Carter was openly ashamed of American history, even recently arguing that the Revolutionary War was unnecessary. To this day he proudly insists that he was the first American president in 50 years to avoid sending troops into combat, which is why he calls the failed effort to rescue the Iranian hostages a “humanitarian mission.” He said that our ownership of the Panama Canal “exemplified morally questionable aspects of past American foreign policy” for which we must humbly apologize, and named an ambassador to the U.N., Andrew Young, who deserves his own ignominious post.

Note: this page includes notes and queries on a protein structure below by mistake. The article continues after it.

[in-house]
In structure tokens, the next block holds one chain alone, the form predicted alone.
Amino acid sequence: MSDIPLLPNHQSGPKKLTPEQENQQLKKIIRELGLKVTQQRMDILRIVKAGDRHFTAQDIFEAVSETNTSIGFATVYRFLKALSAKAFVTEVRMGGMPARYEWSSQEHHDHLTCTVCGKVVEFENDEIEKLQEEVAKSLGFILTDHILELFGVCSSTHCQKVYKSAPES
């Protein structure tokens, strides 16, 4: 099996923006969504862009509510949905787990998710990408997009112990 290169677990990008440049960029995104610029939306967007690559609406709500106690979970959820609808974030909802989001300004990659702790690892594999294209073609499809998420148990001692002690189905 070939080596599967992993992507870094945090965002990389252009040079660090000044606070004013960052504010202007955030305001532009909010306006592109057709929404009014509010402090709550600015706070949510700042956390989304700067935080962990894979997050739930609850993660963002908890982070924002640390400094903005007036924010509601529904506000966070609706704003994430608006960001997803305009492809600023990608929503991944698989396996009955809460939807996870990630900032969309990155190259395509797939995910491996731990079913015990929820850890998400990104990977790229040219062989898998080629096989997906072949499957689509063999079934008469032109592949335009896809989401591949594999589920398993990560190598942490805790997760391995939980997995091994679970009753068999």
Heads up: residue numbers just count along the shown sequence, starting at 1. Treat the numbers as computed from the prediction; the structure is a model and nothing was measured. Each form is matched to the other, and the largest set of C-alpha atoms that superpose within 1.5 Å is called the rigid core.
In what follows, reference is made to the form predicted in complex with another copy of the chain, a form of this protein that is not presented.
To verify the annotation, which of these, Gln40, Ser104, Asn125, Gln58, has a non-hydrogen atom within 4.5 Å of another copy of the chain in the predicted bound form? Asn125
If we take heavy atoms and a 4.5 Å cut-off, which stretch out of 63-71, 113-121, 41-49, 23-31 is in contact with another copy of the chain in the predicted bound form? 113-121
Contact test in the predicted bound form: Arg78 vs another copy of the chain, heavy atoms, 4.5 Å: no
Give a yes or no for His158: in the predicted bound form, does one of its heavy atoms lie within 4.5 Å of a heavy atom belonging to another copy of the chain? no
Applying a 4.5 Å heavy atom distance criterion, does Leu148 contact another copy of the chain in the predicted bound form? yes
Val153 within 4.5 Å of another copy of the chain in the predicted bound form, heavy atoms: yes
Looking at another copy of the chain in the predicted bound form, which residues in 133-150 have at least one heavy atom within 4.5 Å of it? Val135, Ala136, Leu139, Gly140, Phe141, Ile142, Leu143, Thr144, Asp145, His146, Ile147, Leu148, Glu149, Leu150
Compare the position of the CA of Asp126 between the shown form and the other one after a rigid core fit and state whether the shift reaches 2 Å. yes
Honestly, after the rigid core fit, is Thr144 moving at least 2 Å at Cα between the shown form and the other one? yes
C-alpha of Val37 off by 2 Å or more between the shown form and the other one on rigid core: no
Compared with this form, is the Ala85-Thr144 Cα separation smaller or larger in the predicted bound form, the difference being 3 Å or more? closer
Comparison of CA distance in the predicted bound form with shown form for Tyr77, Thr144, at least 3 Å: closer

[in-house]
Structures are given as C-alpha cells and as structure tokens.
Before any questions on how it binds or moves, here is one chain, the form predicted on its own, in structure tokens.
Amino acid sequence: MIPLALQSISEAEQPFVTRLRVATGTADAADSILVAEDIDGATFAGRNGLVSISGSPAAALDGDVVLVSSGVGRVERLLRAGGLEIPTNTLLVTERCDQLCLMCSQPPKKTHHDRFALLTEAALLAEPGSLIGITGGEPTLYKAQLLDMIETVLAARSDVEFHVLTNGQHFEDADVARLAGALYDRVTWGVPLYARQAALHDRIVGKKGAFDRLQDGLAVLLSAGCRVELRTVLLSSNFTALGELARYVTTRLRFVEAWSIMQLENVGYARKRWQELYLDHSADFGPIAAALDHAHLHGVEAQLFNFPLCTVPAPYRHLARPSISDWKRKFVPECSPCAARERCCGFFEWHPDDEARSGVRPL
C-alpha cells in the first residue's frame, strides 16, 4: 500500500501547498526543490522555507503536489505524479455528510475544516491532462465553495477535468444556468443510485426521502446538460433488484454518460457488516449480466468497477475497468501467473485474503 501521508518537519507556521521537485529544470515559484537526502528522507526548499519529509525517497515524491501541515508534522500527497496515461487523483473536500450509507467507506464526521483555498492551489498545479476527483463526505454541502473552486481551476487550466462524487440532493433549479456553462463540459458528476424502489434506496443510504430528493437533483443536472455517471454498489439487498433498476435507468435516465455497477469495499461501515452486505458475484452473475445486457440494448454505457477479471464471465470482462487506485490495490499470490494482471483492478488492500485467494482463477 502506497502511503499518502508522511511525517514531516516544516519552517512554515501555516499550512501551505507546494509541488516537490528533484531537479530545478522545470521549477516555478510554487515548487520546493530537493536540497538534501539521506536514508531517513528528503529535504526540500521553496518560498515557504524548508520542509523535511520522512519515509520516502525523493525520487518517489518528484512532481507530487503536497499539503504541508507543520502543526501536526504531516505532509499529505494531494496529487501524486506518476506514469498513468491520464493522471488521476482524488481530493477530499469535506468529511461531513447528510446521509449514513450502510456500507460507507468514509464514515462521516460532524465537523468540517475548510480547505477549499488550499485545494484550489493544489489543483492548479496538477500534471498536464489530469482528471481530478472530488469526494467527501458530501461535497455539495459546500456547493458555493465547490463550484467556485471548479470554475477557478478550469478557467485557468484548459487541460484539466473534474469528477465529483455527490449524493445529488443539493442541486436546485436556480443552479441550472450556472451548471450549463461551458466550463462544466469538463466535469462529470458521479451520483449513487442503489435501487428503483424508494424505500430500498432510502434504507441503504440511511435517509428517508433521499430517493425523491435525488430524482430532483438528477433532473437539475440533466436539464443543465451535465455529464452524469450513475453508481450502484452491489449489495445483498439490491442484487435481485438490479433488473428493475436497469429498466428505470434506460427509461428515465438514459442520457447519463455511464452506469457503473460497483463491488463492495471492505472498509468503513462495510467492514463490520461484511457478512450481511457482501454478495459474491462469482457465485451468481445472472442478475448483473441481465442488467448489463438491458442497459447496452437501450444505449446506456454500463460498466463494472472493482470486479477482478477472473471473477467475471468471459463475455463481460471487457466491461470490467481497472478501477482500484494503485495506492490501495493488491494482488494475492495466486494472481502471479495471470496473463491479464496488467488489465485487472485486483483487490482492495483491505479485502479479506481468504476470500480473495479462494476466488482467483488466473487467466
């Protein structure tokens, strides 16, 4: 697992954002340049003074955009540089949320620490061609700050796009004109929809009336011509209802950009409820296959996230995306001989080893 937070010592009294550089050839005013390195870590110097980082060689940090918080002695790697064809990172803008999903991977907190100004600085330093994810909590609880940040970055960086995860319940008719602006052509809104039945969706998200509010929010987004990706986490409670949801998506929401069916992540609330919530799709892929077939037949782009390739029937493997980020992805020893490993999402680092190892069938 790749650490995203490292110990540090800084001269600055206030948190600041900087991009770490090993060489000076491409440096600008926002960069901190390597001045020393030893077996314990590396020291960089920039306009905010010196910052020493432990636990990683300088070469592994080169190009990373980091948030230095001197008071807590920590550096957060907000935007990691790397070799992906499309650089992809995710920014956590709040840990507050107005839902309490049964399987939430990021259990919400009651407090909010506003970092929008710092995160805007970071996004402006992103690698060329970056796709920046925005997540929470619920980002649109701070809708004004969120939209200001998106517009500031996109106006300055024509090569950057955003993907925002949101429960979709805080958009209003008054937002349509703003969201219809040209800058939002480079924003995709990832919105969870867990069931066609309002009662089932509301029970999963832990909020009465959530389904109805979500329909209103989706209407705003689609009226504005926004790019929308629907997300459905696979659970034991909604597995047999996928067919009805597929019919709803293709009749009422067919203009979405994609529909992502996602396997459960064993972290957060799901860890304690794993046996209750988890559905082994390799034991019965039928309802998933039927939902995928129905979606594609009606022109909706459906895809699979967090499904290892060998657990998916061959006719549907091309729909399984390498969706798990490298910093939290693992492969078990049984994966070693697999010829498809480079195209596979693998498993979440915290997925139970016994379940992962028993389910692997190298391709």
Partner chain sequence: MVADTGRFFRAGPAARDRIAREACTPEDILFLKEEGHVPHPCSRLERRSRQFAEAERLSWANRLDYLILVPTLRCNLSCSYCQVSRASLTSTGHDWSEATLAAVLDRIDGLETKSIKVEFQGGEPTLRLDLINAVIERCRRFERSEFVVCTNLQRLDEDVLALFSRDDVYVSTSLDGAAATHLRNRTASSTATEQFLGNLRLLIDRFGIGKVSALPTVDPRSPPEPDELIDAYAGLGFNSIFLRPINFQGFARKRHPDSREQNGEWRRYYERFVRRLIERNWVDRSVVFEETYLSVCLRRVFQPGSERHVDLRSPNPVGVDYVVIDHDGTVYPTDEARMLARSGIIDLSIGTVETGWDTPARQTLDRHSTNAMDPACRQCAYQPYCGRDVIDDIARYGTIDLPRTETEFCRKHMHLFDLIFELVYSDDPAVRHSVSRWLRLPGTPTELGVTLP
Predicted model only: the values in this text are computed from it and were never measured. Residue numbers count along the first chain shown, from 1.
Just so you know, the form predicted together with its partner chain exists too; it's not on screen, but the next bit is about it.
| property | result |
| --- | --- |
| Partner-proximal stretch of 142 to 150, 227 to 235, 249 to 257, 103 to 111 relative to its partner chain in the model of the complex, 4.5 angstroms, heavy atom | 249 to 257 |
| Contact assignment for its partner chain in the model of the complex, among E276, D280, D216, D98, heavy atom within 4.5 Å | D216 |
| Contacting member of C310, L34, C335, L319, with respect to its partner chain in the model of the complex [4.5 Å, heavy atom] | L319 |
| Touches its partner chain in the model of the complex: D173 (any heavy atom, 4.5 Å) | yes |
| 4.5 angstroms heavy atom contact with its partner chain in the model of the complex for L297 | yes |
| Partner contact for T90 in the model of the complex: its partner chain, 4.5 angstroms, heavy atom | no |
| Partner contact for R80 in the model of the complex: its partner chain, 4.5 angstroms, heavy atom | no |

Before being named ambassador, Young defended the Black Panthers, arguing that it may take the destruction of Western Civilization to achieve racial harmony in the world, and that perhaps God had ordained the Panthers to “destroy the whole thing.” As he disembarked the plane on his first official trip to Africa he raised a clenched fist in the air and gave the “black power” salute, and maintained that Cuban troops in Africa was a good idea because Cuba opposed racism because of its “shared sense of colonial oppression and domination.” Britain, on the other hand, “almost invented racism.” He defended the Soviet Union’s trial of dissident Anatoly Scharansky by suggesting that in America there were hundreds, if not thousands of political prisoners. And yet, Carter defended Young as “the best man I have ever known in public life.” But John Bolton is a controversial ambassador to the U.N.